Now, I would love to work. I love art and books and technology and can't afford half the stuff I would like. I'd also like to lavish stuff on Rook. thankfully Mrs RJ earns enough that we can get by but if I could work we'd be a lot more comfortable. But I'm realist enough to know that no one would employ me. Would you employ someone who'll at best spend the day staring into space and at worst fall asleep at their desk and is also going to be off ill constantly because the immuno-suppressants mean I get everything and I get it worse?*~

Probably not. So it will be interesting to see what the government thinks. And if they do think I can work, what exactly it is they think I can do.

Sorry if this is full of typos***. I'm a bit tired you see...

* I originally typoed this as miloins which sounds like something Lady Chatterley's lover would say.

**NEVER have one if you can avoid it. It is a new sort of pain. Actually, you probably don't need told to avoid it as it's like saying 'don't get cancer.' Redundant RJ is redandant.

^ We'd had months and months of turning up, waiting five hours while I tried not to weep with pain only to be told each time 'no idea what's going on, see you in a month.' My wife had even pointed out to the blood Dr she thought I had crohns.

*^ It's not all bad though. I am medically advised to eat lots of sweets and hot dogs. WIN!

~Another good thing. The painkillers, although they contribute directly to staring blankly into space.

*~ I don't want this to come across as moaning as it isn't. My life is wonderful. I have a fantastic wife, a brilliant little boy and great friends. All this stuff I list is normal to me and I have a resolutely (possibly sickeningly) positive attitude about everything. If you met me you probably wouldn't know I was ill though I may appear a bit spacey. Also, the NHS are brilliant, my Dr and the two specialist nurses I see are utterly fantastic and always ready to help. If I didn't have to see them for my illness I would want to be friends with them.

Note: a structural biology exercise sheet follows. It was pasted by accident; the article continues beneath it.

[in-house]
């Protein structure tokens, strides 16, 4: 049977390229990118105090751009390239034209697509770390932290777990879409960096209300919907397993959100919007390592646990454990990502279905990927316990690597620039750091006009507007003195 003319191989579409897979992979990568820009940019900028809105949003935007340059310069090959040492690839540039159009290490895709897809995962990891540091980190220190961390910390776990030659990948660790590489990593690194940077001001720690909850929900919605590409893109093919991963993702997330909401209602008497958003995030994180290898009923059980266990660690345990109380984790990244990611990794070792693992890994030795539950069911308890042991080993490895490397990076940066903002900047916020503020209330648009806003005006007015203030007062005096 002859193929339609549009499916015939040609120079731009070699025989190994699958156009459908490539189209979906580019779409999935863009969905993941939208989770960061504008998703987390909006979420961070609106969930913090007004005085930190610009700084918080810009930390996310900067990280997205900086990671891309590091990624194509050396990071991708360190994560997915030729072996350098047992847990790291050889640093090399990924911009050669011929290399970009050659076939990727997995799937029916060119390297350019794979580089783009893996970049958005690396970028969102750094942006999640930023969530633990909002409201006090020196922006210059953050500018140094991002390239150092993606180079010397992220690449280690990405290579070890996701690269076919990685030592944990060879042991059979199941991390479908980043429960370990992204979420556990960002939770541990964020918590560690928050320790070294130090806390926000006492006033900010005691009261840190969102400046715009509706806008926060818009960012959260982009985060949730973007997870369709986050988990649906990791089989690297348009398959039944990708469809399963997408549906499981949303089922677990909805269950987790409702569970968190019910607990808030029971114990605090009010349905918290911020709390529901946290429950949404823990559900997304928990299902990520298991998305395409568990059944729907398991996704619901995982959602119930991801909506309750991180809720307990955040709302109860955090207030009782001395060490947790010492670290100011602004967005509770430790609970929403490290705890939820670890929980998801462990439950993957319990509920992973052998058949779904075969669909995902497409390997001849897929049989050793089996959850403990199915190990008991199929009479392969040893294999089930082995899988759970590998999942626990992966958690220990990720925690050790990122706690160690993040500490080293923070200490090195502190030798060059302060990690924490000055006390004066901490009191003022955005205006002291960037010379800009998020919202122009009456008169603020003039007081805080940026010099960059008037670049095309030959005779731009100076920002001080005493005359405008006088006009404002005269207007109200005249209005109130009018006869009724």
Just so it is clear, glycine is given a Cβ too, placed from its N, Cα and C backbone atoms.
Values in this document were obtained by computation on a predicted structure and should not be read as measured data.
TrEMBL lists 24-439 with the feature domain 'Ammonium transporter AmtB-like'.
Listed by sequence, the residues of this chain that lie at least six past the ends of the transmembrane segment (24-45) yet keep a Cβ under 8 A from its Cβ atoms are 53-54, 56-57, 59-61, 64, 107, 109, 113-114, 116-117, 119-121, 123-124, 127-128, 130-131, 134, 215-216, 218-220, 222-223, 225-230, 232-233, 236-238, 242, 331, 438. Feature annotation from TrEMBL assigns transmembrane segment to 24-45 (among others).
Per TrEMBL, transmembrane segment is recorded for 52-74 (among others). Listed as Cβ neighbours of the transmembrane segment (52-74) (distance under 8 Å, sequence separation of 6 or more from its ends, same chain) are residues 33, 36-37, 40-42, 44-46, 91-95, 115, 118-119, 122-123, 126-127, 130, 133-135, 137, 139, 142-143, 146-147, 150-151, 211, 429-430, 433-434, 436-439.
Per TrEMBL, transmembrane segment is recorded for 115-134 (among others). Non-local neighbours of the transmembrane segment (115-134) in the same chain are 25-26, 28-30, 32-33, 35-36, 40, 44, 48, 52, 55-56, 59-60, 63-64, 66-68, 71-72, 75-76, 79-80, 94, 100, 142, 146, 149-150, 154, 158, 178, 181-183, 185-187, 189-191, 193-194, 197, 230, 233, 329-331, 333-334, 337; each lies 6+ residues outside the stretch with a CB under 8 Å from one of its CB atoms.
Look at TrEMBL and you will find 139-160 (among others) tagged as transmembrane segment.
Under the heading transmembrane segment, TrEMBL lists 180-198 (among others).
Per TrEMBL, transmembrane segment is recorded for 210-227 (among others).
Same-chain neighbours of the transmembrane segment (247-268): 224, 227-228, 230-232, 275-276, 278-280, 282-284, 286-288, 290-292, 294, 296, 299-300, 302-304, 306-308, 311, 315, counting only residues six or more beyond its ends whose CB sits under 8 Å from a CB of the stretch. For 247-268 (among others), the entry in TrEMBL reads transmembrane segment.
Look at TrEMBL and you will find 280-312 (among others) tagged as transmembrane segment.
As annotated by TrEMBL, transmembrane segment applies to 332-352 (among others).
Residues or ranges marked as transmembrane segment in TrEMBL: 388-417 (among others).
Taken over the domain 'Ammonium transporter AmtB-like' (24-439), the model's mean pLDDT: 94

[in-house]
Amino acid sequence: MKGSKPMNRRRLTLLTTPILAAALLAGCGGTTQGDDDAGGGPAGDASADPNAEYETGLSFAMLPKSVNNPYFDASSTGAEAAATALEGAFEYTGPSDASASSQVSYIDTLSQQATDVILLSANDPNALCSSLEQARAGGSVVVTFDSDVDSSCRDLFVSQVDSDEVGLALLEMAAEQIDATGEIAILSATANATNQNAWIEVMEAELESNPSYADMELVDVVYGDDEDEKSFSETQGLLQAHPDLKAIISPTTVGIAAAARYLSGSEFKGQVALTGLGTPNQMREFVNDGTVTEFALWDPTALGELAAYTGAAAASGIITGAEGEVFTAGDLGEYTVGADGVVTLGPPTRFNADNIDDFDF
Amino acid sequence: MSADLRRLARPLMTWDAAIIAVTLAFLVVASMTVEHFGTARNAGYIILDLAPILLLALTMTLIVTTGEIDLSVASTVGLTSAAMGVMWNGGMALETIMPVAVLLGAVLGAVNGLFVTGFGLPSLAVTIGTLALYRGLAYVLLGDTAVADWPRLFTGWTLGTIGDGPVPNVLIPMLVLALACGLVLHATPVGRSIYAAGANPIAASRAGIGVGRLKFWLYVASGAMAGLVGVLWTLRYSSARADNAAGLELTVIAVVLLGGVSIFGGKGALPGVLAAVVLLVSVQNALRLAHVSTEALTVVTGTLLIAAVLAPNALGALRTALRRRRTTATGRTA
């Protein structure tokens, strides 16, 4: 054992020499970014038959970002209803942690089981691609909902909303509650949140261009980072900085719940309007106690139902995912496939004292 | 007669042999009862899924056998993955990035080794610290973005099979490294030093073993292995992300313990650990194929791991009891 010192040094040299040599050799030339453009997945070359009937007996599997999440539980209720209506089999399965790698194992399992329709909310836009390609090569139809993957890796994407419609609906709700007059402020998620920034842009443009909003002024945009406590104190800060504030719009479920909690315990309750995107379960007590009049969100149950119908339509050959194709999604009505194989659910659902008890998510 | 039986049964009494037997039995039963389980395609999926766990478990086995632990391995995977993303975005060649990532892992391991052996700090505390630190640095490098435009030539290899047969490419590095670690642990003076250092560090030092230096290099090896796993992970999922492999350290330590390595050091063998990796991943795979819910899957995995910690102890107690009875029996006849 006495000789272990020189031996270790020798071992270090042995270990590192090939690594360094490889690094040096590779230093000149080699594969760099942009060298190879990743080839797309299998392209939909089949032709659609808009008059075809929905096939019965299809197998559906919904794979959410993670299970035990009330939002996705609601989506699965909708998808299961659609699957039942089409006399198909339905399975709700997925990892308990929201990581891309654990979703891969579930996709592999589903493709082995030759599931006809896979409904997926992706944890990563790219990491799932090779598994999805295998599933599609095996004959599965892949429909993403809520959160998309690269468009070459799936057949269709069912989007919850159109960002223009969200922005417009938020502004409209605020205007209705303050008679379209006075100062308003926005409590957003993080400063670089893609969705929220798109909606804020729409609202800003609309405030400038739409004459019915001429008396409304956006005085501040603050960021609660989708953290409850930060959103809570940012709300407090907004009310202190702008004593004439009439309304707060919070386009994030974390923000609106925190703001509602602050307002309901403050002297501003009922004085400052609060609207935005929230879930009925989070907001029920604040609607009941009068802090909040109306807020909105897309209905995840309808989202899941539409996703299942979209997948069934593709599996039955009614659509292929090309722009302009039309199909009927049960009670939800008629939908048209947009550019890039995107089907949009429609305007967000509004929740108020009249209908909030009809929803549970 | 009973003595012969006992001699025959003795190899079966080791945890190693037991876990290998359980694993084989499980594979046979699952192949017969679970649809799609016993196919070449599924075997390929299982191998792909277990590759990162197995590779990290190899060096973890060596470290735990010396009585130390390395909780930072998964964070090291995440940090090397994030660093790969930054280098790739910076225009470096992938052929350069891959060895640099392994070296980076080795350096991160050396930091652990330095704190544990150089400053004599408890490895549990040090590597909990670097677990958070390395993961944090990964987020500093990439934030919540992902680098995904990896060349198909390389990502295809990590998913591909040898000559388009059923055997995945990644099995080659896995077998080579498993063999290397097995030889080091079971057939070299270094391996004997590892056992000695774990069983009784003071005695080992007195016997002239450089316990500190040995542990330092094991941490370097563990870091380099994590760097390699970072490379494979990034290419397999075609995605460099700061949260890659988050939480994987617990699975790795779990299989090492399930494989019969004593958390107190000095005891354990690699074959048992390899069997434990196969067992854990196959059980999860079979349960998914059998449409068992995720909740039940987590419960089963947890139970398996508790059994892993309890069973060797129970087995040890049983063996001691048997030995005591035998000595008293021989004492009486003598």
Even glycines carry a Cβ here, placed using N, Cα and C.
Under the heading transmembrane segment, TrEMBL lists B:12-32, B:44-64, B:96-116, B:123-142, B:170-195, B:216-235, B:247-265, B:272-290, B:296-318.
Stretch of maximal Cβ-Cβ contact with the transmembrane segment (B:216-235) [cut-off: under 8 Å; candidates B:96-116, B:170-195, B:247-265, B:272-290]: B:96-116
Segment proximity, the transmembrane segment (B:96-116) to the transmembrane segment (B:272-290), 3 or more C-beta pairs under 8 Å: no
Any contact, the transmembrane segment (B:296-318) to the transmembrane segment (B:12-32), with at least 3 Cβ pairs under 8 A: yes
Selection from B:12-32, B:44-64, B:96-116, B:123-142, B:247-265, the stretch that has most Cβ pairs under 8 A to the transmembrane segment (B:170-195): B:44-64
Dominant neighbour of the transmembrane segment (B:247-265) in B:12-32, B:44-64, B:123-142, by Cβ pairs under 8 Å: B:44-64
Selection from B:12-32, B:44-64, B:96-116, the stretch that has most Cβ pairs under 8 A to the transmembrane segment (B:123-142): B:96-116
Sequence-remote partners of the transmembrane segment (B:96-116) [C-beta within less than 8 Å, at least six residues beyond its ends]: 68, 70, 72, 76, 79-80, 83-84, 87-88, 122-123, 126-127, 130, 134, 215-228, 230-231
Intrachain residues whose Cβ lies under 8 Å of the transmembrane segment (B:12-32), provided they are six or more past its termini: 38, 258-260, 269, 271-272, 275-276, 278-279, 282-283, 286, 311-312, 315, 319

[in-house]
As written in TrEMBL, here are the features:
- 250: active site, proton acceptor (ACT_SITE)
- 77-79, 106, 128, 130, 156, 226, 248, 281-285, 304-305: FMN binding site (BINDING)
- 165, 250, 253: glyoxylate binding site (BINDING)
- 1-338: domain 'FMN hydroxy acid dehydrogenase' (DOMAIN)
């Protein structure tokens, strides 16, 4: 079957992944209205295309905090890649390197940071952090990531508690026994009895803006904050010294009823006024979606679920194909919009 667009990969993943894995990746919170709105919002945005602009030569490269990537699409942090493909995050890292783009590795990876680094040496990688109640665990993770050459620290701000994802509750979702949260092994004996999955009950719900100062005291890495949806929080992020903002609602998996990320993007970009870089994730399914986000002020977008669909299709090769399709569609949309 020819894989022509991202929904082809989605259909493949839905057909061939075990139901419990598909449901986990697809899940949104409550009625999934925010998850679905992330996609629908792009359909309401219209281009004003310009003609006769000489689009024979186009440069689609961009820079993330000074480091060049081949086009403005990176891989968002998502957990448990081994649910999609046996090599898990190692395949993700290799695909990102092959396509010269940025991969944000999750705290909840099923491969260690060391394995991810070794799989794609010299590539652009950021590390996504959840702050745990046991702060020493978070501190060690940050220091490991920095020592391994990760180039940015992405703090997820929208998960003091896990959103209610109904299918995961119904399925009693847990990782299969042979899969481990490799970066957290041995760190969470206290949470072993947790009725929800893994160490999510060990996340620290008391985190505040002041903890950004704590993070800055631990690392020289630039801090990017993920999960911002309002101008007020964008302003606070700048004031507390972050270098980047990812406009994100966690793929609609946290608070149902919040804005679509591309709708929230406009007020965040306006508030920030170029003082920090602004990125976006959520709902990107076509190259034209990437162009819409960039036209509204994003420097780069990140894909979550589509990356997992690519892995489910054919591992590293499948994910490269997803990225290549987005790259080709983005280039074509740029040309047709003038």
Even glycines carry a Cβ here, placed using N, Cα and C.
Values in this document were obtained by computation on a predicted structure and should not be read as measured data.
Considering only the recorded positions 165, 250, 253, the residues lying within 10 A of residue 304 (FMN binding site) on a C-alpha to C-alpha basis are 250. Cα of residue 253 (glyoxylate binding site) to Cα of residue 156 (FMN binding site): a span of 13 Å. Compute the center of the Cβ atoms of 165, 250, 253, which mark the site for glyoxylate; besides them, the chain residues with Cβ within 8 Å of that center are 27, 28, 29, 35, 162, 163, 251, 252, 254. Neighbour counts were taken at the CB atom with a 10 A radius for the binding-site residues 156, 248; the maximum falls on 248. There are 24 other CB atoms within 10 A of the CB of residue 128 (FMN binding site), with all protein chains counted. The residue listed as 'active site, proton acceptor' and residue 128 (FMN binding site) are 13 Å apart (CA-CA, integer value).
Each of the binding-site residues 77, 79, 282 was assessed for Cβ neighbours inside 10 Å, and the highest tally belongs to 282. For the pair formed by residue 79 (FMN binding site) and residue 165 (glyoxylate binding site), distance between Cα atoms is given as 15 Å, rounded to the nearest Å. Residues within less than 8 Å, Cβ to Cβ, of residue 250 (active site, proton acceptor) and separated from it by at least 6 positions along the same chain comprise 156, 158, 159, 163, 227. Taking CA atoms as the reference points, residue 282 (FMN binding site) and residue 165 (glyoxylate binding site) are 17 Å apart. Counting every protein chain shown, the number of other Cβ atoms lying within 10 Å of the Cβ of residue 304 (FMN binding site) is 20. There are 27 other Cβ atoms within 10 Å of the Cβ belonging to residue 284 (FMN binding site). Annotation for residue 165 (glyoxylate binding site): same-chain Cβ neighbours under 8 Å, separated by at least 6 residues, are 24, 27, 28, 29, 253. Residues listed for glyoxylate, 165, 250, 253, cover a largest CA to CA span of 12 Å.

***The spelling, the grammar, the horror. This may well be the worst thing. I didn't edit this much to give you a flavour. *twitch*


  1. Back in the days of a more liberal disability regime, I was signed off work for a couple of years with chronic fatigue syndrome.

    Eager to show willing, I said that I was trying to keep my hand in and explore other careers by writing a short column for a listings magazine: 200 words a month, took me a day or two to earn a tenner, but it was proof that I wasn't just going to sit on my arse and rely on the state to support me.

    Reaction: I was obviously capable of working so no disability benefit for me.

    Moral: don't mention the novel or the plays or the editing. And if you must mention the /occasional/ visits to the park, panic out loud about how you'll cope when there's no longer a wheelchair to lean on.

  2. "Tha has the nicest miloins of anyone." <--Direct quote. Right from the book. I swears it.

    You are an impressively happy dude for someone who is dealing with that crap. I'm glad you at least found doctors you trust/like. Those are surprisingly hard to come by. Good thing you have a squeaky wheel on your side.

  3. Dear RJ,


    1. Do the very opposite of "Don't show signs of weakness."

    2. Don't mention any writing done.

    3. Act miserable

    4. Tell the interviewer that you have a half bitten animal cracker in your pocket, and you would like to share.

    I hope you are treated as you should be treated. *hugs!*

  4. "4. Tell the interviewer that you have a half bitten animal cracker in your pocket, and you would like to share."

    Zara, that is the saddest thing I've ever read.